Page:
The Winter Skin Protocol: Dr. Amy Wechsler Reveals Everything You Need to Know-------
For Amy Wechsler, M.D., there’s nothing more important than sunscreen. Board-certified in both dermatology and psychiatry, the New York-based doctor has spent years studying skin—and the mind that often works in conjunction with it—and just so happens to be one of the biggest supporters of SPF that we have ever met. Proper protection from harmful UV exposure has become one of Wechsler’s biggest soap boxes, a conviction, she stresses, that should persist well through the winter months, when sun damage can be just as pervasive. Here, Style.com caught up with the good doctor to get some of her winter skincare wisdom to help weather the frigid chill and those freak 60-degree December days that catch you off guard (to anyone who wore one too many layers for their morning commute, we feel your pain).
As summer tans fade away, so too does most people’s sunscreen diligence. Why is it important to keep it up even as the days get shorter and darker?
During winter, ray strength depends entirely on your location, but there’s still so much inadvertent sun exposure. Both UVA and UVB rays are certainly not as intense as in the summer months, but if it’s bright or the sun is reflecting off snow, it can cause some real damage. The sun is also at its strongest around noon, so it’s important to reapply sunscreen before you head out on your lunch break. Most women also don’t realize that if they work indoors by a window and it isn’t tinted, UVA rays will permeate the glass, causing sun damage. UVA rays are longer [than UVB rays], and what I call the ‘silent wrinkler.’ They penetrate deeper into the epidermis and cause lines, skin cancer, and long-lasting damage.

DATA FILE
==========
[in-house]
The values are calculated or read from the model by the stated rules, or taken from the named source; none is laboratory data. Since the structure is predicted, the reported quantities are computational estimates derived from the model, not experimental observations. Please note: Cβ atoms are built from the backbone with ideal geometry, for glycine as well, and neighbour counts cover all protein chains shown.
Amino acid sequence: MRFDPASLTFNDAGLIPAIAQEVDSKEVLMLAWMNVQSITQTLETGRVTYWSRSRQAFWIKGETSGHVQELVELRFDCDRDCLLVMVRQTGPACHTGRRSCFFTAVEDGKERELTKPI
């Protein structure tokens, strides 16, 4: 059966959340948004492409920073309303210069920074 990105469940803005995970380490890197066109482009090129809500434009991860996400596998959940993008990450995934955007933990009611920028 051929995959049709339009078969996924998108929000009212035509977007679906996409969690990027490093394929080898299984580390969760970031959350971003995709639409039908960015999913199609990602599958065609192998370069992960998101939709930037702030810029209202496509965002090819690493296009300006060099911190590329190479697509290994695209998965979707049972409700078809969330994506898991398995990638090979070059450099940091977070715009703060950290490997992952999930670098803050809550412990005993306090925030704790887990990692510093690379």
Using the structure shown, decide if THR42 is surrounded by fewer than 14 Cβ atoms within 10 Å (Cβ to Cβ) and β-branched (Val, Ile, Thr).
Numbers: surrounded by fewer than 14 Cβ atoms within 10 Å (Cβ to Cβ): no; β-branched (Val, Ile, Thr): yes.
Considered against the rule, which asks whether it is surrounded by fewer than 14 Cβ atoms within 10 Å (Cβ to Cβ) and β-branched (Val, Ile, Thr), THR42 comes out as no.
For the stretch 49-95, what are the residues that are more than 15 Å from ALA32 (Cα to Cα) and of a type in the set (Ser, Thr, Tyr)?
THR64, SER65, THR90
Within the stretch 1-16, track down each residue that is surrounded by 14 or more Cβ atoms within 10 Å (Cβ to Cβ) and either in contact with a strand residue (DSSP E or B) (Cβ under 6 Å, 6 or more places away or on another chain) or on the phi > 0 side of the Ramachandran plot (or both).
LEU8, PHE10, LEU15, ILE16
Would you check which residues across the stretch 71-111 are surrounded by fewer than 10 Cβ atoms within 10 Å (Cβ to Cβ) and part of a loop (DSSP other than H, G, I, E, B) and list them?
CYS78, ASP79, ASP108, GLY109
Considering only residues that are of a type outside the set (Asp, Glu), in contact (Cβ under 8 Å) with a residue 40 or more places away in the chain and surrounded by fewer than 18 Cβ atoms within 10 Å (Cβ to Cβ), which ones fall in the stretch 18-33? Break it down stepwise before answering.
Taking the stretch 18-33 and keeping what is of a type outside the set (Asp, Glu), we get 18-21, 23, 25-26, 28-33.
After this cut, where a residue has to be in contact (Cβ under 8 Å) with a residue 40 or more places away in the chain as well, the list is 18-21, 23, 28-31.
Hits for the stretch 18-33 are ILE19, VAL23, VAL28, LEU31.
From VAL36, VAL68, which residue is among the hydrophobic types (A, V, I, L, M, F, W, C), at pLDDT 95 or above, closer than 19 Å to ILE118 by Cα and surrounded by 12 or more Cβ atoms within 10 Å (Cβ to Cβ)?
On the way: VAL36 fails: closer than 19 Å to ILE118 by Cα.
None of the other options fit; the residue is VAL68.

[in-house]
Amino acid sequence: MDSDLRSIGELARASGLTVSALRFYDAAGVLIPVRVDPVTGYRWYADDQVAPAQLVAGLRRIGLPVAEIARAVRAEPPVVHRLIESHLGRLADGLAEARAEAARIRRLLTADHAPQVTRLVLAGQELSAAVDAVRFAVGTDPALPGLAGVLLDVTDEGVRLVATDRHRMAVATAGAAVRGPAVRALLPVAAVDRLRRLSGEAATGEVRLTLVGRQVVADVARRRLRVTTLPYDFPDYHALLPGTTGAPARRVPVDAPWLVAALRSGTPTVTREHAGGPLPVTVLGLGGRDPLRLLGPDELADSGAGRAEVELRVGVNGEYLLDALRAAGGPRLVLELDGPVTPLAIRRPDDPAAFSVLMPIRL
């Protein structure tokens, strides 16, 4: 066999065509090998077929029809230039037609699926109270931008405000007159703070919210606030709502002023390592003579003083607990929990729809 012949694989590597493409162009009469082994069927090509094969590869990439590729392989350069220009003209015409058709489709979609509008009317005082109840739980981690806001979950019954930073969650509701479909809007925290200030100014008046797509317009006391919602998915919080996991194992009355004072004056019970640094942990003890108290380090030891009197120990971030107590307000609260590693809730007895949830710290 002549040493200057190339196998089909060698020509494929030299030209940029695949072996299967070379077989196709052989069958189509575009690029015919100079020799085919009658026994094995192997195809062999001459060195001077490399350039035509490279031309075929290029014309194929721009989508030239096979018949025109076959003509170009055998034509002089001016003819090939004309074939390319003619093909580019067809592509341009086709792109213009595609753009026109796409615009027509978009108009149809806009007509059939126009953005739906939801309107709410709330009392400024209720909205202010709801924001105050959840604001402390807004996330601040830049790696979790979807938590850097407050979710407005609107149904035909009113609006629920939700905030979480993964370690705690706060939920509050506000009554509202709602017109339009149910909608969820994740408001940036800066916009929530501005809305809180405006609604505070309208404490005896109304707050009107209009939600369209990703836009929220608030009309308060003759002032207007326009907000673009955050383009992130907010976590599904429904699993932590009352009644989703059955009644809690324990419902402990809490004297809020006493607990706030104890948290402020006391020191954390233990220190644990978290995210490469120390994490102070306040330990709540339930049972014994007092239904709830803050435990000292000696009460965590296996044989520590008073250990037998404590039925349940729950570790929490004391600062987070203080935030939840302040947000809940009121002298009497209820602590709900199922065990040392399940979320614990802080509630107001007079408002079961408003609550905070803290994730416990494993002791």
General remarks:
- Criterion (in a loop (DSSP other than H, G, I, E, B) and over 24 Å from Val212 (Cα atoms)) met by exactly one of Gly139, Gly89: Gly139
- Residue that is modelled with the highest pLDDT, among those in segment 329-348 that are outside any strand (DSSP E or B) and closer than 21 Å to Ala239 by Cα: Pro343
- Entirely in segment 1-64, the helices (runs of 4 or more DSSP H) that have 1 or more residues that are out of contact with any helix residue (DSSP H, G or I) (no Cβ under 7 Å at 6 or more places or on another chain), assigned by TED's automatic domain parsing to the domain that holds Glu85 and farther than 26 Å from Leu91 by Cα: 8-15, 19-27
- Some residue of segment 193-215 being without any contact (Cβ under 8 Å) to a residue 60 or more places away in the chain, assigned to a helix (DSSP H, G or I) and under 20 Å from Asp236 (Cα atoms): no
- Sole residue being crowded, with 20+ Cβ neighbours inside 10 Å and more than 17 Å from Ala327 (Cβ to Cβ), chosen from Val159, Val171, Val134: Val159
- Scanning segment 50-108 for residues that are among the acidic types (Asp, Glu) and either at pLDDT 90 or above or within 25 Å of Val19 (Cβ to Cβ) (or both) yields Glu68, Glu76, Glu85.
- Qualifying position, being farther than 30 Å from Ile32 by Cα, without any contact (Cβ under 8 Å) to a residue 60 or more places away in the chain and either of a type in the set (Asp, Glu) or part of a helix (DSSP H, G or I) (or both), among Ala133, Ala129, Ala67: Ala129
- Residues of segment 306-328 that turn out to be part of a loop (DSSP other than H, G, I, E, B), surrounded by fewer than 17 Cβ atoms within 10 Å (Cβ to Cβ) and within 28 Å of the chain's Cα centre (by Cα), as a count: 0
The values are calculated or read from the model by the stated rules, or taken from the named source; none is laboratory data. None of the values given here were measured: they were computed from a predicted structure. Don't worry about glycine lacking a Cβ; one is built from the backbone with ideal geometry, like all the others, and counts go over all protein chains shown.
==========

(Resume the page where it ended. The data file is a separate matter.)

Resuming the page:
What level of SPF should you apply even in the December cold?
Personally, I never go below SPF 30. The best sunscreen to wear is broad spectrum, which blocks both UVA and UVB rays. A broad spectrum sunscreen—my favorite is Chanel’s UV Essential Multi-Protection Daily UV Care SPF 50—will contain physical blockers such as zinc oxide or titanium oxide. A good sunscreen should have at least 9 percent zinc oxide or 5 percent titanium oxide. Ensuring that the formula you use has a physical blocker is the best rule to follow.
Noted. Besides sunscreen, what’s the best way to keep skin hydrated and healthy until spring returns in four long months?
Most women should increase how often they moisturize because the ambient humidity in the air is lower. Someone who moisturizes once a day should do it twice, and you should try a humidifier in your bedroom. I also think adding facial oil or serum to your regimen—if you don’t use one already—is a good idea.
And next you’re going to tell us to drink lots of water, right?
While it’s important to hydrate, the myth of increasing how much water you drink is actually incorrect. By the time the water reaches your skin there is little left to moisturize, so unless you’re dehydrated, drinking extra H2O isn’t going to do much.
Interesting. What about lasers and peels? Any special wintertime protocols we should bear in mind?
I always suggest using a stronger laser on patients in the wintertime, as there is less sun exposure, which can affect the treatment. I generally advise to stay away from harsh chemical peels, though; if you do want to try it, this is definitely not the time. Your skin is more sensitive and dry, so a chemical peel can cause more harm than good. I’d suggest using more hydrating, cream-based masks or trying an in-office treatment that uses a super-hydrating moisturizer. My diamond microdermabrasion is followed by Chanel’s Hydra Beauty Serum, which is extremely soothing.